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The Daily Wildcat

 

    Review: A creepy Gyllenhaal stalks streets of LA

    Bold+Films

    Bold Films

    As a creeping perversion of the go-getter American mindset told via character study, “Nightcrawler” comes to life with Jake Gyllenhaal’s slinking role as Louis Bloom.

    Bloom is a person of the night. He glides along in his car, observing the city lights of Los Angeles illuminate the darkness with his wide eyes. To see him outside in the daylight on a beachside boulevard is an odd sight. It becomes a little less odd once you realize the only reason he’s come out of his sterile apartment is to steal a bicycle to pawn for cash.

    He’s a scavenger, robbing construction sites of scrap metal. It’s no coincidence that footage of coyotes somehow finds its way onto video screens in the film.

    In the first scene, director Dan Gilroy establishes something repressed and violent lurks beneath Bloom’s unbalanced, calm surface when Bloom attacks a guard that confronts him about his thieving.

    Scavengers feast upon carrion, and, one night, Bloom drives upon a scene that resonates with his soul. The bloody aftermath of a car accident is filmed by an amateur video crew that sells the footage to the highest bidding TV news station. In the ratings arm race, if it bleeds, it leads.

    Bloom firmly believes in the power of work ethic, so he sets out to accomplish his goal as the film depicts the microcosm of a small business upstart. Bloom wrangles up some basic equipment, a camera and a police scanner, but quickly realizes he needs a second pair of hands.

    He then expands his operations and hires Rick (Riz Ahmed) as an assistant. In a scene all too familiar to the current job market, Bloom tries to offer the position as an unpaid internship, but Rick pleads that there be payment.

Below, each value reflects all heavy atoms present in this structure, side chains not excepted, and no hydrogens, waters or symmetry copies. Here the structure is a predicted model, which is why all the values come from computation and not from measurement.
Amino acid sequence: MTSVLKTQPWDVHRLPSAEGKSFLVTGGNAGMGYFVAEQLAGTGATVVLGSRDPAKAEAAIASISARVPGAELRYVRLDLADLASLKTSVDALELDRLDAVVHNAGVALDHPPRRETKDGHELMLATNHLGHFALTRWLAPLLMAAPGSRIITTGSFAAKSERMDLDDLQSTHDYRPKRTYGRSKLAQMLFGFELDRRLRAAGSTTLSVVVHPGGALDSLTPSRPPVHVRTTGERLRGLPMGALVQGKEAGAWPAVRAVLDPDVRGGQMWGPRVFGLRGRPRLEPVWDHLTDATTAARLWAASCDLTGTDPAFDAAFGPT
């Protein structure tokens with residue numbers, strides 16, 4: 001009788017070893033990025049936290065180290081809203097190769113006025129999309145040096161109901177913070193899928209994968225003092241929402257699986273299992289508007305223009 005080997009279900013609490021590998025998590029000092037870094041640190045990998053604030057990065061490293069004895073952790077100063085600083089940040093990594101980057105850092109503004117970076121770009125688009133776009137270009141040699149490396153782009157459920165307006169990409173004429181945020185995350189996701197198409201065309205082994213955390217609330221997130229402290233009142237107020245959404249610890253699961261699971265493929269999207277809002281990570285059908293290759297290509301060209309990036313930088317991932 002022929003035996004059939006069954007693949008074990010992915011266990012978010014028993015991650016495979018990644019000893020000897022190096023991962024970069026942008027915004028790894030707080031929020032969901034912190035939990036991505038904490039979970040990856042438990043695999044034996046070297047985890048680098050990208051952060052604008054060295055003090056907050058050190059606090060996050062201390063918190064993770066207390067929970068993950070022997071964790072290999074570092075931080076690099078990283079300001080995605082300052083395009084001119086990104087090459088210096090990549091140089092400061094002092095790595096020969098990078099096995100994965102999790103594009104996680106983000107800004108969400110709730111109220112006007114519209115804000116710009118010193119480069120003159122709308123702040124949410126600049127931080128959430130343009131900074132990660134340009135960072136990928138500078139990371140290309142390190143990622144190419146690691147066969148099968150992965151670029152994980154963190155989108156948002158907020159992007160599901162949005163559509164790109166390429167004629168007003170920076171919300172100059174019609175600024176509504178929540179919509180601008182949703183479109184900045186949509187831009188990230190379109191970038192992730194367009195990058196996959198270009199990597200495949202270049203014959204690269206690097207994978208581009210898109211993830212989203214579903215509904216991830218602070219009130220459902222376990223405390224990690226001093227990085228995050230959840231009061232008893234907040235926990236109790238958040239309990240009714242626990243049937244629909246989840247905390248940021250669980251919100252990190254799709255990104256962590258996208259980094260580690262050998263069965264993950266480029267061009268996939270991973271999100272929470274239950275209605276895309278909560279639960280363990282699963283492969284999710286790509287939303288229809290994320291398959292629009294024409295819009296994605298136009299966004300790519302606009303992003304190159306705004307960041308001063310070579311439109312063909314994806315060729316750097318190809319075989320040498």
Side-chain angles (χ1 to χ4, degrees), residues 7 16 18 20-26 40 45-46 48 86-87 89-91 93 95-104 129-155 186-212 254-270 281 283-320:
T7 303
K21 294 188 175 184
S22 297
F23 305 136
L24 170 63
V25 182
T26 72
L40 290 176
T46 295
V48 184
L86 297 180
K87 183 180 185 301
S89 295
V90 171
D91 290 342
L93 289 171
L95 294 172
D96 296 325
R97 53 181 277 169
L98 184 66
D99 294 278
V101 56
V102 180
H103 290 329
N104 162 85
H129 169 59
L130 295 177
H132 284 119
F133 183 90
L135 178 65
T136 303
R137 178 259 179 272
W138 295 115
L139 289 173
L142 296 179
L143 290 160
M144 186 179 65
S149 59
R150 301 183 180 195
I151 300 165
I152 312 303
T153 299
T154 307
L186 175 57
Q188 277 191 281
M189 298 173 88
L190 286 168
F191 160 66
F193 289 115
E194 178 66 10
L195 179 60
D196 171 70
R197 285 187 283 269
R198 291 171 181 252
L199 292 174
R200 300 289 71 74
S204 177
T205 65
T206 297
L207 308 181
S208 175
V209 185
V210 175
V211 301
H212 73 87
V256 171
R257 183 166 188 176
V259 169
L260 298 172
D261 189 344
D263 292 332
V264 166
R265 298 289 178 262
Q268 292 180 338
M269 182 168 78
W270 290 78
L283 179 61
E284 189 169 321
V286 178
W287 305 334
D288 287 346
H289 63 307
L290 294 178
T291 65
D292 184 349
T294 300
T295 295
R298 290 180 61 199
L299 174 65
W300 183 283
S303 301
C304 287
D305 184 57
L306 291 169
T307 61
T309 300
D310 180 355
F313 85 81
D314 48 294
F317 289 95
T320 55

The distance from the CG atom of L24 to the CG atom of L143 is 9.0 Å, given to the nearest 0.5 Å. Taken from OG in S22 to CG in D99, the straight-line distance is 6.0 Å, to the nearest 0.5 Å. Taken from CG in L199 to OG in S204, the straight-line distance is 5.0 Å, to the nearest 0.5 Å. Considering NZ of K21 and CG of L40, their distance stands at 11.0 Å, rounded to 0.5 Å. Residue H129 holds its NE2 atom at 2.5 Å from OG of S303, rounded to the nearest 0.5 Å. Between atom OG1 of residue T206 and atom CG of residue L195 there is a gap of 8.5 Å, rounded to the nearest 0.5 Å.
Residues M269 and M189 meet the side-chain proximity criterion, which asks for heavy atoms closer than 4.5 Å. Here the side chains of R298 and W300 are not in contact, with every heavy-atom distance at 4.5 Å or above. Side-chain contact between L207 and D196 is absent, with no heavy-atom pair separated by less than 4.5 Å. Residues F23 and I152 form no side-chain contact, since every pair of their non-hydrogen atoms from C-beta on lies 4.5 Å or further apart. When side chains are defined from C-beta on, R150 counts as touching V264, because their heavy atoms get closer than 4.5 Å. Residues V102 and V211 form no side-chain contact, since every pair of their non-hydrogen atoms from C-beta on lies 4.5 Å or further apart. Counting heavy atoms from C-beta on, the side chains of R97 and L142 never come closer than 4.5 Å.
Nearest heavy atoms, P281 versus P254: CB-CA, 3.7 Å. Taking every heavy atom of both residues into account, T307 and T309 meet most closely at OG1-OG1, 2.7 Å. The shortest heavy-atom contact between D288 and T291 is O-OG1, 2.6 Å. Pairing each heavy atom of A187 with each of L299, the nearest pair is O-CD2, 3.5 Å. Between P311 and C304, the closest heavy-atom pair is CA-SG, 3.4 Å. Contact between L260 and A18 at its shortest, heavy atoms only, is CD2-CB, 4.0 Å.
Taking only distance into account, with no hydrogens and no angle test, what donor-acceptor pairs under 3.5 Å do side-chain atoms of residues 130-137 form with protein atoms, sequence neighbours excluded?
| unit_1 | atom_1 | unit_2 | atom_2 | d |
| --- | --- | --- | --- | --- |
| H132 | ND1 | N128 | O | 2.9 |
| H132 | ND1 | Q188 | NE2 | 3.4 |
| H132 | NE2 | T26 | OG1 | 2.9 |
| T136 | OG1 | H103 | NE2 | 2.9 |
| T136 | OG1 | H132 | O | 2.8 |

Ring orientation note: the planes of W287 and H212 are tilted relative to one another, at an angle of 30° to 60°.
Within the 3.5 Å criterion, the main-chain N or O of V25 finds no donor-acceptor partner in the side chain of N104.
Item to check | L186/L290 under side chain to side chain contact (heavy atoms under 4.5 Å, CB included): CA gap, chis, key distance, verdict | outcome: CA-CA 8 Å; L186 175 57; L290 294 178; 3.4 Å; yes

Bloom is able to get in with Nina (Rene Russo), the news director of a struggling news station, and the two start a working relationship that flirts with the boundaries of something more.

    Well, “flirts” isn’t the right word, exactly. At a harmless dinner meeting that takes a turn toward the sinister and manipulative, Bloom forcefully states that unless the two start having sex in their relationship, he’s taking his footage to another news station.

    Herein lies the disturbing juxtaposition of “Nightcrawler.” In a way, it’s the classic rags-to-riches story of the American dream: Someone starts out at the bottom, and through a combination of wily business sense, tireless effort and good, old-fashioned hard work, ends up at the top, reaping the rewards.

    However, when the dream is to capture a crime scene the quickest or get the closest shot of a mutilated body, something unsettling permeates throughout. This becomes especially true when “getting ahead” involves moving corpses to establish a better frame for filming, or breaking into someone’s house to get the perfect shot.

    The score might be the main conveyor of these conflicting elements. One would expect something typical for this thriller, such as long, needling strings or the ominous tinkle of a piano. However, these musical motifs give way to the twang of an electric guitar, distinctively triumphant and soaring, and characteristically Americana. Even though his goals might be twisted, Bloom nevertheless sets — and completes — them.

    Quite remarkably, Gyllenhaal’s Bloom is funny, another element of the unhealthy fusion of bright-eyed enthusiasm and distorted intentions. He spouts off jargon about business and the job market as if he’s a college professor, who is just one inane-student-question away from going postal.

    Gyllenhaal will surely garner nominations for best actor when the time comes, as he should. In the spirit of “Nightcrawler,” Bloom creeps under your skin, and Gyllenhaal represents it perfectly.

    Grade: A-

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